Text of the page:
Monthly Archives: March 2014

Commissioning and funding general practice: making the case for family care networks

By The King’s Fund (2014)

The pressure of a growing and ageing population (many of whom have long-term conditions, compounded by risk factors like obesity, smoking and alcohol misuse), is made all the more pressing by the well-documented financial challenges that the entire health system faces – but are keenly felt within general practice. For a number of years, we have been making the case for the central role that general practice should play in delivering integrated care, alongside colleagues in the community, social and acute care. We have recently worked with four groups of general practices across England that are already working in this way, adapting local contracting and funding streams to influence the way they work together with local providers to deliver services to better meet the specific needs of their population. However, the technicalities of these contracting and funding streams are complex and not well understood by many general practices across the country. This prevents many from innovating in a similar way.

In Commissioning and funding for general practice, we argue for a new approach to funding general practice, where GPs take control of a population-based capitated contract that enables them to either provide or ‘buy’ services for the patients on their registered list. Commissioners would build certain outcomes into this contract, but would not specify how they are to be delivered – practices would be responsible for finding ways to work together and in partnership with other providers to deliver care that achieves these outcomes. Over time, we see ‘family care networks’ emerging that provide forms of care well beyond what is currently available in general practices.

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Mental health crisis care concordat: improving outcomes for people experiencing mental health crisis

By Department of Health (2014)

The document sets out the principles and good practice that should be followed by health staff, police officers and approved mental health professionals when working together to help people in a mental health crisis. It follows the refreshed Mandate for NHS England, which includes a new requirement for the NHS that “every community has plans to ensure no one in mental health crisis will be turned away from health services”.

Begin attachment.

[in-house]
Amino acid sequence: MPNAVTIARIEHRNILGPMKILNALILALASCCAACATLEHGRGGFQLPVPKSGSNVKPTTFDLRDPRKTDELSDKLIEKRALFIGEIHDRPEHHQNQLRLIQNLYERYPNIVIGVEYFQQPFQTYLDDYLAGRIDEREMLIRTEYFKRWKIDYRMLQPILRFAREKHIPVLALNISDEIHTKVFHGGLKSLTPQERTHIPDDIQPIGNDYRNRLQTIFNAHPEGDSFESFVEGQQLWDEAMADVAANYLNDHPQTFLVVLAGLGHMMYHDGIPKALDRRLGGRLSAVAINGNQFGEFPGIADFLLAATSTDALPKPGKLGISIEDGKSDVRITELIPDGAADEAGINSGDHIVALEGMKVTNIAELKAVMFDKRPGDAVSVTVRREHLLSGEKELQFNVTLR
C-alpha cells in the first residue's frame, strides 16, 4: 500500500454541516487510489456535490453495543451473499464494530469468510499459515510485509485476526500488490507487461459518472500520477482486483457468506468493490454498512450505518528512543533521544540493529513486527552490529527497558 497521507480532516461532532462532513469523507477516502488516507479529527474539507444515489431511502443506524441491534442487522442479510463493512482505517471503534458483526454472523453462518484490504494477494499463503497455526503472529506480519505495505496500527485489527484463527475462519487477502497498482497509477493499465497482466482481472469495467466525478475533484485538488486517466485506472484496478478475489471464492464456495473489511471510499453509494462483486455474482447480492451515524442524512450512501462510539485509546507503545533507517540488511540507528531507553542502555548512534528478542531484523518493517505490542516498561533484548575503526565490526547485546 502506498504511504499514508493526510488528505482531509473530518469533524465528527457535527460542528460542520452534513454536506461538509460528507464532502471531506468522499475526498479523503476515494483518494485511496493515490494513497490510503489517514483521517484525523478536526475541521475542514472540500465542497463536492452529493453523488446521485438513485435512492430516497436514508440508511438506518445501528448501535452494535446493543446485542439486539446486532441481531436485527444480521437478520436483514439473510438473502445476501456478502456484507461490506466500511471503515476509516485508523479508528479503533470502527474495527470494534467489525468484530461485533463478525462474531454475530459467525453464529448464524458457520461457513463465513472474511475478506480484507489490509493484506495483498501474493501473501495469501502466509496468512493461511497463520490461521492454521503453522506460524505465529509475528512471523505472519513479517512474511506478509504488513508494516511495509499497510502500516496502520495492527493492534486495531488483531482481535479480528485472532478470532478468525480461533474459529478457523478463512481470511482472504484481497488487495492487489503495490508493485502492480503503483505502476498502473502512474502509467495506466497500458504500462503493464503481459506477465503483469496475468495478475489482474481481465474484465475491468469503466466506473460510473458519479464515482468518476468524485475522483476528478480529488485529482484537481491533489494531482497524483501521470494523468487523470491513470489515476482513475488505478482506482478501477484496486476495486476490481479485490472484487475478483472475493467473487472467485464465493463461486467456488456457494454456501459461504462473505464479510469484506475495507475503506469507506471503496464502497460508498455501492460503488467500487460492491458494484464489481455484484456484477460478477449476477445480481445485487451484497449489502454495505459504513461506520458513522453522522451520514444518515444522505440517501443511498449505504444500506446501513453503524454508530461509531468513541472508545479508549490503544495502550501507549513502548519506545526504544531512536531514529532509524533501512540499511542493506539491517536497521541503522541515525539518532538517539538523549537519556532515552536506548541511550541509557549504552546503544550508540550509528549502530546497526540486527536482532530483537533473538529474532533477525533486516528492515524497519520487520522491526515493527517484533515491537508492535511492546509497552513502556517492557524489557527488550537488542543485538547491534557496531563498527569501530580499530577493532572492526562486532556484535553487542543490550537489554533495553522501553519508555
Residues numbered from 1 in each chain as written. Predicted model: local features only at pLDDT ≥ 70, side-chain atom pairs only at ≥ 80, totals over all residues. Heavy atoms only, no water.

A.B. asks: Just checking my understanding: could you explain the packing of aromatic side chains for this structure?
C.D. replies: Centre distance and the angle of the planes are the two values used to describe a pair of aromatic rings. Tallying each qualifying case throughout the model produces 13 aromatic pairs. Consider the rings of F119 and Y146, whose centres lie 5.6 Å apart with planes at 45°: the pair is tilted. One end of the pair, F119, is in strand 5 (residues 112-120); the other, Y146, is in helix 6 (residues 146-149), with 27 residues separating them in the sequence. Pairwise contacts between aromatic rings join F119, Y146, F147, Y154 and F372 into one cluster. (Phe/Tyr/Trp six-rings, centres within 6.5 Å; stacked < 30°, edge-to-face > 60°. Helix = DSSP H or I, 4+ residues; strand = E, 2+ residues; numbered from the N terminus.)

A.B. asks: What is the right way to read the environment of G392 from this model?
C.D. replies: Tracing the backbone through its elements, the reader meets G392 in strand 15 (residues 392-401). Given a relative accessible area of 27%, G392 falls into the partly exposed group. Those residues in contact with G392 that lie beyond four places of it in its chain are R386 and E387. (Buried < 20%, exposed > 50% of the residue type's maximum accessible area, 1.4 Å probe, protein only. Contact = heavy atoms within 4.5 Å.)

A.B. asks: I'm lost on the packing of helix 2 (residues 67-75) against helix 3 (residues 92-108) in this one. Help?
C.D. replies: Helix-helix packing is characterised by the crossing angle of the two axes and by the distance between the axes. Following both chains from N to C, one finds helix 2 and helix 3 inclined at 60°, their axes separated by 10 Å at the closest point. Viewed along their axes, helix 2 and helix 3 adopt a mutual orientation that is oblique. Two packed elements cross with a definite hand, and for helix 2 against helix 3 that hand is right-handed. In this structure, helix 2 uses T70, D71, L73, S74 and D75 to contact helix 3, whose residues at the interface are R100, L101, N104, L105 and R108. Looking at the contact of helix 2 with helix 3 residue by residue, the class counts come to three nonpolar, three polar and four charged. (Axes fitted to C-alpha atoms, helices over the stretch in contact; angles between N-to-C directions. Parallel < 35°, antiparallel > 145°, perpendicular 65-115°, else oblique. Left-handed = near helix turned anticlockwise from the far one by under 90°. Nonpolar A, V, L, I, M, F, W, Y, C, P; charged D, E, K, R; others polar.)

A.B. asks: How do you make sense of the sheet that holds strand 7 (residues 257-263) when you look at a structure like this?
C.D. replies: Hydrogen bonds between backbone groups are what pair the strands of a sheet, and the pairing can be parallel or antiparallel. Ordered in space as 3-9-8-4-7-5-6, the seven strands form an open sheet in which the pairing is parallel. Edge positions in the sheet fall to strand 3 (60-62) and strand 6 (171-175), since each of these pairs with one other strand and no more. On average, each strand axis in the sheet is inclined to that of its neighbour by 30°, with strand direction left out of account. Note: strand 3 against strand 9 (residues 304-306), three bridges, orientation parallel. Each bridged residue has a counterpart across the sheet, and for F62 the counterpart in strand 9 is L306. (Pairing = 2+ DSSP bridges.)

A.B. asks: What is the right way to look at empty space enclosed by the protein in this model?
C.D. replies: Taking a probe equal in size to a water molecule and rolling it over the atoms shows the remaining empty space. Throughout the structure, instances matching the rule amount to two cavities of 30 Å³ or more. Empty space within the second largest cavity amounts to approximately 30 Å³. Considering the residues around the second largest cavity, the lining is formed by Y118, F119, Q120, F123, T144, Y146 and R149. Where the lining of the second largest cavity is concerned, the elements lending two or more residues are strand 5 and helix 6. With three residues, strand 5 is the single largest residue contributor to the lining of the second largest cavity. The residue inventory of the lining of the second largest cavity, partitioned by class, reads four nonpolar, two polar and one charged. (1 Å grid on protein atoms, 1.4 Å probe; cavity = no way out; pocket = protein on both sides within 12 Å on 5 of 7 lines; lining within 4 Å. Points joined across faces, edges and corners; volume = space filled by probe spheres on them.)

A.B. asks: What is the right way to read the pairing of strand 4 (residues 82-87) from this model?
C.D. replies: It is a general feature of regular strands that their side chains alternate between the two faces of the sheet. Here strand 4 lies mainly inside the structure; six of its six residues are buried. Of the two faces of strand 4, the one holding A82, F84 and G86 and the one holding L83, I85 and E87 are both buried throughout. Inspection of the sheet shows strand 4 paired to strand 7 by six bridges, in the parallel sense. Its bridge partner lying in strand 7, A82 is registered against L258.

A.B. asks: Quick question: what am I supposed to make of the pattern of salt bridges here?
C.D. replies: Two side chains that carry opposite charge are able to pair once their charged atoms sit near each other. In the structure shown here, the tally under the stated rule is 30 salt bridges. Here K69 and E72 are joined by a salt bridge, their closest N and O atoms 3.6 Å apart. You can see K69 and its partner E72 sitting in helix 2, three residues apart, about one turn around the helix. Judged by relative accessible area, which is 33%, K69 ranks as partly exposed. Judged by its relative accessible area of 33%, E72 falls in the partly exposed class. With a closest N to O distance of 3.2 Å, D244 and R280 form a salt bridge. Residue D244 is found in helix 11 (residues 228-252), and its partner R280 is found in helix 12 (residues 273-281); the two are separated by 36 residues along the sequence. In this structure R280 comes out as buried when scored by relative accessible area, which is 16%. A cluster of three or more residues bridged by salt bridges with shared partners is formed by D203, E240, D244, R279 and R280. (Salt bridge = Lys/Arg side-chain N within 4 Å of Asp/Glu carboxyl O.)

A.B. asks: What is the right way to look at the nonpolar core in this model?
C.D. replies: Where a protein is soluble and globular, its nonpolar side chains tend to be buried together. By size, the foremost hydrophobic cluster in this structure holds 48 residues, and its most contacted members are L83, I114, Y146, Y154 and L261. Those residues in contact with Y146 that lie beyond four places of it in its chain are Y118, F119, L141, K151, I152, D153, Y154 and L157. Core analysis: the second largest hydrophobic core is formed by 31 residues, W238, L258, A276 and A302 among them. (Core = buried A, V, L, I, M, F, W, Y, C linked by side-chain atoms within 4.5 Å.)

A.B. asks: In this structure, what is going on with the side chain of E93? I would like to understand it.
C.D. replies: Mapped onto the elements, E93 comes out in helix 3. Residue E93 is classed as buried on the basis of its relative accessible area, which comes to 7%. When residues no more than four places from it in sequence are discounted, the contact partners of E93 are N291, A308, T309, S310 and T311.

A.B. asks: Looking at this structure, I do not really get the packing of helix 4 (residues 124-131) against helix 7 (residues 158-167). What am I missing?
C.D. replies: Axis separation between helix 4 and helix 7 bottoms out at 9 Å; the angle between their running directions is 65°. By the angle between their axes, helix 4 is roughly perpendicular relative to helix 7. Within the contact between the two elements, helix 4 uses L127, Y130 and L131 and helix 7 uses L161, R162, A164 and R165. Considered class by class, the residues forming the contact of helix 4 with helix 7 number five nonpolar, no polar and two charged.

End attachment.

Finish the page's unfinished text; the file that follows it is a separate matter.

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Community services: how they can transform care

By The King’s Fund (2014)

This paper looks at the changes needed to realise the full potential of community services for transforming care. It finds that while the emphasis on moving care closer to home has resulted in some reductions in length of hospital stay, it is now time to focus on the bigger issue of how services need to change to fundamentally transform care.

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State of the sector 2013

By DrugScope (2014)

This report contains the findings from a survey of nearly 170 drug and alcohol services, from across England’s four PHE regions. Amongst its findings, it reports that the picture on engagement with health and wellbeing boards (HWBs) and Police and Crime Commissioners (PCCs) is mixed, with positive examples, but other services reporting a lack of engagement; 35 per cent of drug and alcohol services surveyed reported a decrease in funding, against 20 per cent reporting an increase and 33 per cent no change; and almost half reported that they were employing fewer frontline staff and 6 out of 10 services reported an increase in the use of volunteers.

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Time to #choosecycling: British cycling’s vision for how Britain can become a true cycling nation

By British Cycling (2014)

This report, commissioned by British Cycling from Cambridge University, finds that if people replaced 5 minutes of the 36 minutes they spend each day in the car with cycling, there would be an almost 5% annual reduction in the health burden from inactivity-related illnesses including heart disease, diabetes, stroke and some cancers. It also argues that if 10% of trips in England and Wales were made by bike, the savings to the NHS of the top inactivity related illnesses would be at least £250 million per year.

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Care and support reform implementation

By Local Government Association (2014)

Catering for the health and care needs of our growing and ageing population is a national priority. Reforming our care and support system is vital for us to be able to meet this challenge. The Local Government Association (LGA), Association of Directors and Adult Social Services (ADASS) and Department of Health are working in partnership to support local areas in implementation of the care and support reforms in the context of the other changes and challenges for local health and care systems, including the Better Care Fund.

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Wellbeing: why it matters to health policy

By the Department of Health (2014)

These documents contain evidence on why wellbeing matters to health throughout someone’s life, and what policy makers can do about it.

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